The rich fail to claim 2,600 bank safes


Economy

The rich fail to claim 2,600 bank safes


Open the safe in the bank vault. PICTURES | COURTESY

john-mutua-img

Summary

  • The Unclaimed Financial Assets Authority (Ufaa) said the number of safe deposit boxes reported by banks jumped 56%, from 1,691 in June 2020 to 962 in June 2017.
  • It is a worldwide trend for the wealthy to store valuable jewelry, stock certificates, treasury bills, company certificates and personal documents such as land titles, security certificates and certificates of shares in banks.
  • The jump in the number of declared safes comes a year after the value of unclaimed assets reached 54.8 billion shillings, marked by a low rate of reunification of assets with their beneficiaries.

Wealthy individuals and families failed to claim 2,648 safes, although the state does not have a vault to keep the properties secret.

The Unclaimed Financial Assets Authority (Ufaa) said the number of safe deposit boxes reported by banks jumped 56%, from 1,691 in June 2020 to 962 in June 2017.

It is a worldwide trend for the wealthy to store valuable jewelry, stock certificates, treasury bills, company certificates and personal documents such as land titles, security certificates and certificates of shares in banks.

The jump in the number of declared safes comes a year after the value of unclaimed assets reached 54.8 billion shillings, marked by a low rate of reunification of assets with their beneficiaries.

Safes are abandoned if they remain unclaimed for more than two years after the expiration of the lease or rental period.

Ufaa leaders said earlier the law did not provide for how assets other than cash and jewelry found in safe deposit boxes would be handled.

“Our legal mandate is exclusive to cash or cash equivalents…” the authority told parliament.

Safe deposit boxes held by banks have been on the radar of the Central Bank of Kenya (CBK) since March 2019, when detectives seized 2 billion shillings in counterfeit money hidden in one.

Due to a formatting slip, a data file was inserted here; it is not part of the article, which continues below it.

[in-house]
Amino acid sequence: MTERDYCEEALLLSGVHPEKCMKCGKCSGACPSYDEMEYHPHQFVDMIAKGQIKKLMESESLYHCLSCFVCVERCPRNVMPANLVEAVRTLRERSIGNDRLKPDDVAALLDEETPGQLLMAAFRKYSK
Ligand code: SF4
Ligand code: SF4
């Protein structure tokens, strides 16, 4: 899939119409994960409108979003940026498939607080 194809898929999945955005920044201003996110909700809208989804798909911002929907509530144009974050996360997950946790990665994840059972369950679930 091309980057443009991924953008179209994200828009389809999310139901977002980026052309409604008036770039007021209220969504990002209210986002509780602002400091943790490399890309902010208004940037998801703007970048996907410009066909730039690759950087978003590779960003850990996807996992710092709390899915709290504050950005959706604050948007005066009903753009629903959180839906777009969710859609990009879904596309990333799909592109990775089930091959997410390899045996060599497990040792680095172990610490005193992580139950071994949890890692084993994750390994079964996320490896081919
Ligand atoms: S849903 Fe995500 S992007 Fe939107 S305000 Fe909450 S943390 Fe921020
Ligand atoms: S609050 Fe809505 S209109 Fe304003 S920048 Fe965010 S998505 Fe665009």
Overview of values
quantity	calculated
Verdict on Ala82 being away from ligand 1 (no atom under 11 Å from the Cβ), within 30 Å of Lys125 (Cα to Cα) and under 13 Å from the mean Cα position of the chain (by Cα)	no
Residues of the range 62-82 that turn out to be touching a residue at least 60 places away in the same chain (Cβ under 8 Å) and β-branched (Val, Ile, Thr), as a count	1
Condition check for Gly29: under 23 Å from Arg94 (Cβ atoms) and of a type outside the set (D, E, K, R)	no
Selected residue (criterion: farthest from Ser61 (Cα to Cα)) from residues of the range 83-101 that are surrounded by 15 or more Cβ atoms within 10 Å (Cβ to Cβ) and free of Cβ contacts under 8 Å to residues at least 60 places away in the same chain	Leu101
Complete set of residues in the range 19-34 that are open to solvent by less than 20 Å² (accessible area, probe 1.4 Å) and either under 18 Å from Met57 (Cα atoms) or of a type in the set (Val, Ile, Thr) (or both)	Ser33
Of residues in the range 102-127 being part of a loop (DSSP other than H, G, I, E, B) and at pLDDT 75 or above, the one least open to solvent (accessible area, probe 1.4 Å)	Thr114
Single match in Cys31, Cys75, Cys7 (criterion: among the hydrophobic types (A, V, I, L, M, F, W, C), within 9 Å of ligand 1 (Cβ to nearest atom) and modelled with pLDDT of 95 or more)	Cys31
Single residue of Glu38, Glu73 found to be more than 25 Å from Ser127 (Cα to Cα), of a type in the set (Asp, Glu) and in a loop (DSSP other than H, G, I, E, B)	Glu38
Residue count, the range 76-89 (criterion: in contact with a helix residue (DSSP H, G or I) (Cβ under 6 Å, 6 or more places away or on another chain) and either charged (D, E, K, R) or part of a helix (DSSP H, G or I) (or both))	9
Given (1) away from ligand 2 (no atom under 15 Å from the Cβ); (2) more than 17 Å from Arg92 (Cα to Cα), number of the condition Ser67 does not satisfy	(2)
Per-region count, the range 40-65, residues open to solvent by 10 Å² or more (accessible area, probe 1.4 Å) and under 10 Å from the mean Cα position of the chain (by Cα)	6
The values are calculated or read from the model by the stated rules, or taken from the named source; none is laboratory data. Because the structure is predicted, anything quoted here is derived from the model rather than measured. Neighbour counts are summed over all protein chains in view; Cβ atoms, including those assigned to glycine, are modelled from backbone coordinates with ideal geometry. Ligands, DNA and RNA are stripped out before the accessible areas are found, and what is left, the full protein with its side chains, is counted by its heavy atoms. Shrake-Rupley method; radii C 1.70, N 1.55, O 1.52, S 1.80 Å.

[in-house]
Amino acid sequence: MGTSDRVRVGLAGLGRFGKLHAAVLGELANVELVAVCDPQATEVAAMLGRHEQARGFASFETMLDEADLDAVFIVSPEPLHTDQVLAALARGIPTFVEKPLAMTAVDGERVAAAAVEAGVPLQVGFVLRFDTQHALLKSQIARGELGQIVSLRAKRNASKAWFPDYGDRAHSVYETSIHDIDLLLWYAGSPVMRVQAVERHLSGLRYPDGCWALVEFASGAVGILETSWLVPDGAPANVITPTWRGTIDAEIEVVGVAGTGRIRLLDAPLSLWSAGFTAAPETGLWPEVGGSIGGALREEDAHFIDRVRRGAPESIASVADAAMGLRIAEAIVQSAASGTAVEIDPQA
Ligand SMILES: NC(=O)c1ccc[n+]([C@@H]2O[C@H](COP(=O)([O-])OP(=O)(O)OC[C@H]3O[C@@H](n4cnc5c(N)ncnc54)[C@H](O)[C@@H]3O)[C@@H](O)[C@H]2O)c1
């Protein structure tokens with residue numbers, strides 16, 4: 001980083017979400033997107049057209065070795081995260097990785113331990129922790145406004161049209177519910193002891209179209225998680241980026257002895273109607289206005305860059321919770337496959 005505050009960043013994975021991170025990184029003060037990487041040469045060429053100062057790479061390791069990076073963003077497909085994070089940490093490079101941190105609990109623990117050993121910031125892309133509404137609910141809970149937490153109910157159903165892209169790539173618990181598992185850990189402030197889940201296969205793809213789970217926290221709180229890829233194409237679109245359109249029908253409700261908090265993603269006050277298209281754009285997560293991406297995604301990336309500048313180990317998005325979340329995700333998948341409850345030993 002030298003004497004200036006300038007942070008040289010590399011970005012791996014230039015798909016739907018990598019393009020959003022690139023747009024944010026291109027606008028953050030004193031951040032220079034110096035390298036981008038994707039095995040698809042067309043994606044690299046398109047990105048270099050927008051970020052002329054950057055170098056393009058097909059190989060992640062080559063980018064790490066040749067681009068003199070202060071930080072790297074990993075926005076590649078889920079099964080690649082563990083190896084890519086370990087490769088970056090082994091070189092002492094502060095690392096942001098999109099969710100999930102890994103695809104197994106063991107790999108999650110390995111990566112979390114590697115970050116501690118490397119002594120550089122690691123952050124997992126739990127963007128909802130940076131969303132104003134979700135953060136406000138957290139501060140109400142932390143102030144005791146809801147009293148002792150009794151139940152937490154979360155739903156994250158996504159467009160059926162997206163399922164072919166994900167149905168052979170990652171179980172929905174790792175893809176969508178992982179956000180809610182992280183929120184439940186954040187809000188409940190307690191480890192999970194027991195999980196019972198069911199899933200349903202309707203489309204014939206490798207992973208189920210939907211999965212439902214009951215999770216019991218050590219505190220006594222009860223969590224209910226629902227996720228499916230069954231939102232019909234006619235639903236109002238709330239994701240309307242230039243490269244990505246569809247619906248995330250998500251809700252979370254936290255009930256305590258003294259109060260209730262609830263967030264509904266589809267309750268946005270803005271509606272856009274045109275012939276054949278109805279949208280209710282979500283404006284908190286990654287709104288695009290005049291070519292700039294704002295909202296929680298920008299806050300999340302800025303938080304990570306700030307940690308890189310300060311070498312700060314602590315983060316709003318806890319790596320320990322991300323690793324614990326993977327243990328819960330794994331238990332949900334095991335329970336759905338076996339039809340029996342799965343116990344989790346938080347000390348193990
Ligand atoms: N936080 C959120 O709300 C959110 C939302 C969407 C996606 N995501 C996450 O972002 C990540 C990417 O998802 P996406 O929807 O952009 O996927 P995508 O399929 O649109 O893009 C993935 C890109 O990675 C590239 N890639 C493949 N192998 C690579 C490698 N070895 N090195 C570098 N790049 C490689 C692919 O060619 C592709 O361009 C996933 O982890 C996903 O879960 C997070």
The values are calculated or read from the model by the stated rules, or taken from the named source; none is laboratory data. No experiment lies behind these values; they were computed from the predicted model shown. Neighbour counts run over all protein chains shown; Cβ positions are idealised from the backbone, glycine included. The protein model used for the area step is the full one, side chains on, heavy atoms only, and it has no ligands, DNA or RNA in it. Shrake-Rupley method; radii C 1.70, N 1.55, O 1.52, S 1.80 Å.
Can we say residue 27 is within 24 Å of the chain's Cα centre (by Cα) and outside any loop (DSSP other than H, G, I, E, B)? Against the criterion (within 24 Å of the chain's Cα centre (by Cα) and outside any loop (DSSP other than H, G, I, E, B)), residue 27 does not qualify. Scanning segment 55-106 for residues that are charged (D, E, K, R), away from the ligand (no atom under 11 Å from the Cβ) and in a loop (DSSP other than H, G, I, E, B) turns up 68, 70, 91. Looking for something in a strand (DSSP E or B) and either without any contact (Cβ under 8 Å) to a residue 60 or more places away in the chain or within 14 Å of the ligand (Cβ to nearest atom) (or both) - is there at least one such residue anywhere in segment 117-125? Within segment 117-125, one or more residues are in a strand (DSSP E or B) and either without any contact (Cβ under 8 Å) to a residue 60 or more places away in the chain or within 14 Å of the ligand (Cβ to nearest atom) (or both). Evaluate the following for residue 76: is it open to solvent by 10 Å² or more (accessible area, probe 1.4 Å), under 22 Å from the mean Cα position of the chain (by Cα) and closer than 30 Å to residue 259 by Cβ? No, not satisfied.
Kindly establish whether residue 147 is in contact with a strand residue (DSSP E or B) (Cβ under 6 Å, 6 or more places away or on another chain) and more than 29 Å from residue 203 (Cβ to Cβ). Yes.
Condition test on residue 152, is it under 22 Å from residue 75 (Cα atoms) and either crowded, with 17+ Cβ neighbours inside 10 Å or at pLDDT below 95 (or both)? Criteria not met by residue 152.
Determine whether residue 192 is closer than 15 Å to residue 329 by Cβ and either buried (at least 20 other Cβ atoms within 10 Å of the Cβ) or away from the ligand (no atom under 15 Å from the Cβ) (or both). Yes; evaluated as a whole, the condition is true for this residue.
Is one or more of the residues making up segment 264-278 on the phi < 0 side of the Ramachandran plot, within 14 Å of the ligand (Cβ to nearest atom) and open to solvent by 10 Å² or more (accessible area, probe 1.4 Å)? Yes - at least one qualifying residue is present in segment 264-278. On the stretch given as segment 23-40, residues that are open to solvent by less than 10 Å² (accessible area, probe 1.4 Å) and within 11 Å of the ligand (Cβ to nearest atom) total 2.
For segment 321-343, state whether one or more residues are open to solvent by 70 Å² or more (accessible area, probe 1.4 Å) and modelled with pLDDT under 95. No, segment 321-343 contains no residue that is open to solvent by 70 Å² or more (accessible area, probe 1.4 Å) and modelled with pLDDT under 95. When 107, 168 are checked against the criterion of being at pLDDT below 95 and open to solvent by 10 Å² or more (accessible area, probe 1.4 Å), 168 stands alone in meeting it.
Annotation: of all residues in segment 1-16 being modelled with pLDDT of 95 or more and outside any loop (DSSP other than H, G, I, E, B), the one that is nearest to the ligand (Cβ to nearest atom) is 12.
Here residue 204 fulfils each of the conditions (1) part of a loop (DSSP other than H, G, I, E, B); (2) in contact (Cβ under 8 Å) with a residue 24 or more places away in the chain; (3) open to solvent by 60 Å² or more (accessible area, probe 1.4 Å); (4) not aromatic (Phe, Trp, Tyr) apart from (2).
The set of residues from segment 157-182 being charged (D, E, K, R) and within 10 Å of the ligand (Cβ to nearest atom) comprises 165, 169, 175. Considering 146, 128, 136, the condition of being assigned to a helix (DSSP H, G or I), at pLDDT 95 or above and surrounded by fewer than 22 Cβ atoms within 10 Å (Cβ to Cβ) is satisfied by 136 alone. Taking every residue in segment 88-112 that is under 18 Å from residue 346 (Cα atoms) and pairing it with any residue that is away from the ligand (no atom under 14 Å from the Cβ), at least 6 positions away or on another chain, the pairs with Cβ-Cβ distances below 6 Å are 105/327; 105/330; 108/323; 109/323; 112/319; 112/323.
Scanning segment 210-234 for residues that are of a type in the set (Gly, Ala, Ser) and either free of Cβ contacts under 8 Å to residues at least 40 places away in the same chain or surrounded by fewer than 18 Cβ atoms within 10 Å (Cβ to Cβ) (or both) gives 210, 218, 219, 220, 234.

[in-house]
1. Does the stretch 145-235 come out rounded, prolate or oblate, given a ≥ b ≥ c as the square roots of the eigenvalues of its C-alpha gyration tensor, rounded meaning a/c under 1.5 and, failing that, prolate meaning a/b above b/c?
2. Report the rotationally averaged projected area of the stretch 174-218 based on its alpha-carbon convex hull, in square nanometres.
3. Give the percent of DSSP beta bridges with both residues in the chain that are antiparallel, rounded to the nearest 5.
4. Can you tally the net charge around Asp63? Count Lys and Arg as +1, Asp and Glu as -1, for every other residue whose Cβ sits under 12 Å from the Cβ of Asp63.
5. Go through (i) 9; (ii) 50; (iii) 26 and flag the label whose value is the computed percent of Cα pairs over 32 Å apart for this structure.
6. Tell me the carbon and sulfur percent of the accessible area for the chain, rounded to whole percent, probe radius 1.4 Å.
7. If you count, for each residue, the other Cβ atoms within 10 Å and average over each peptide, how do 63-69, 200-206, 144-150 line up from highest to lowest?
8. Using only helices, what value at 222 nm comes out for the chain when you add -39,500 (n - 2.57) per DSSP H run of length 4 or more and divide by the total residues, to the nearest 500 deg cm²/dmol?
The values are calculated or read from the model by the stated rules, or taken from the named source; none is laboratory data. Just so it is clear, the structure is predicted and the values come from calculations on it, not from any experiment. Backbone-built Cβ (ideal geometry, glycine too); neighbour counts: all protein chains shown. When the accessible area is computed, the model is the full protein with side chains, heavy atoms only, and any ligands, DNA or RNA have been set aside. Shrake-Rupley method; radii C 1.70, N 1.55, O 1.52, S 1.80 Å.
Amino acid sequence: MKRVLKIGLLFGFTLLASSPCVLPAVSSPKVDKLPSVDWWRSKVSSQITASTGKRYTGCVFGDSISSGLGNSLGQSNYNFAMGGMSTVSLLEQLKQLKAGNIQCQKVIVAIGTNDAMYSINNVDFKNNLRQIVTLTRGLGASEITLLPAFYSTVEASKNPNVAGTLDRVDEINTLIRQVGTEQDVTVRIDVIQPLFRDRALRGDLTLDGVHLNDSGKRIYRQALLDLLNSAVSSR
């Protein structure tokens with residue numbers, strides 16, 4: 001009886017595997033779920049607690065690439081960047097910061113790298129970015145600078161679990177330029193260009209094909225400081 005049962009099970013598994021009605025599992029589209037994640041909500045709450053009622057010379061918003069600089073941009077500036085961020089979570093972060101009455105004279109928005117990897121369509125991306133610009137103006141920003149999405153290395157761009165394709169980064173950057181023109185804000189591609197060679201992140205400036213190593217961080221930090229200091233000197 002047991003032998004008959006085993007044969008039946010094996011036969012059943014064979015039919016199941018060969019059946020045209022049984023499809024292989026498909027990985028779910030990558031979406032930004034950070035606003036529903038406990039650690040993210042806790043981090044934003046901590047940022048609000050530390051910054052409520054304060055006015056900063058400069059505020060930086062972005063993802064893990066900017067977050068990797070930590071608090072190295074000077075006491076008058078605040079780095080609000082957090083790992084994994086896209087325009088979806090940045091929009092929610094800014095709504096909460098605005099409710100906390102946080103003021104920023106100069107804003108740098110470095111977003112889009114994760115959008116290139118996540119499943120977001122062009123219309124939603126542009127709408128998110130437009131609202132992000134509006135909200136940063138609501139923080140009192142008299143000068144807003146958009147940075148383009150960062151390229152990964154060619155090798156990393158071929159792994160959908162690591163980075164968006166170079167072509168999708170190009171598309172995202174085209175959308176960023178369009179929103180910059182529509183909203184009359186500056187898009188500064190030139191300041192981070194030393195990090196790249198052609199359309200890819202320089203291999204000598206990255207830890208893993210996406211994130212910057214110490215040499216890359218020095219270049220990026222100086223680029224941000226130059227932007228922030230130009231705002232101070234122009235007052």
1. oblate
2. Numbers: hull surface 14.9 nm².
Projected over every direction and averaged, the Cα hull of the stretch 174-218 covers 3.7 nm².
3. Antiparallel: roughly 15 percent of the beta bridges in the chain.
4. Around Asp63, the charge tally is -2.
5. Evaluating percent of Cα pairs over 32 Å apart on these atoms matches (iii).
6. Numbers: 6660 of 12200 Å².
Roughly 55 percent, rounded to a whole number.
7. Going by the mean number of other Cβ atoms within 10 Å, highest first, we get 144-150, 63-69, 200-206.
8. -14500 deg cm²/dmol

The regulator has issued a circular requiring financial institutions to verify the contents of safe deposit boxes in order to combat illegal transactions such as money laundering.

The CBK said that in the future, banks will have to subject safe deposit boxes to rules governing illicit financing, known as anti-money laundering and counter-terrorist financing obligations. .

Ufaa blamed the slow pace of bringing together safes, cash, stocks and other assets to court cases, paperwork and understaffing at the agency.

“Litigation by the Institute of Chartered Accountants of Kenya has resulted in procedural delays in closing incumbent audits and delayed execution,” Ufaa said in a report tabled in parliament.

Punitive fines have also discouraged holders from declaring and turning over assets, prompting the National Treasury to offer one-year relief from fines in a bid to increase compliance.

According to the law, unused assets are supposed to be declared and handed over to Oufaa no later than November 1 each year. Holders do not file any declarations, if any.

Holders risk a fine of 7,000 to 50,000 shillings for each day an idle asset report is withheld or duty is not performed. Holders also pay a fine of 25% of the value of the asset when they fail to hand it over to Ufaa.

The Treasury offered relief on all unused assets that should have been declared and returned to the state before the end of the current financial year.

[email protected]

Previous EU should do 'whatever it takes to help an independent Scotland join'
Next BayCom (NASDAQ:BCML) vs. First Western Financial (NASDAQ:MYFW) Comparison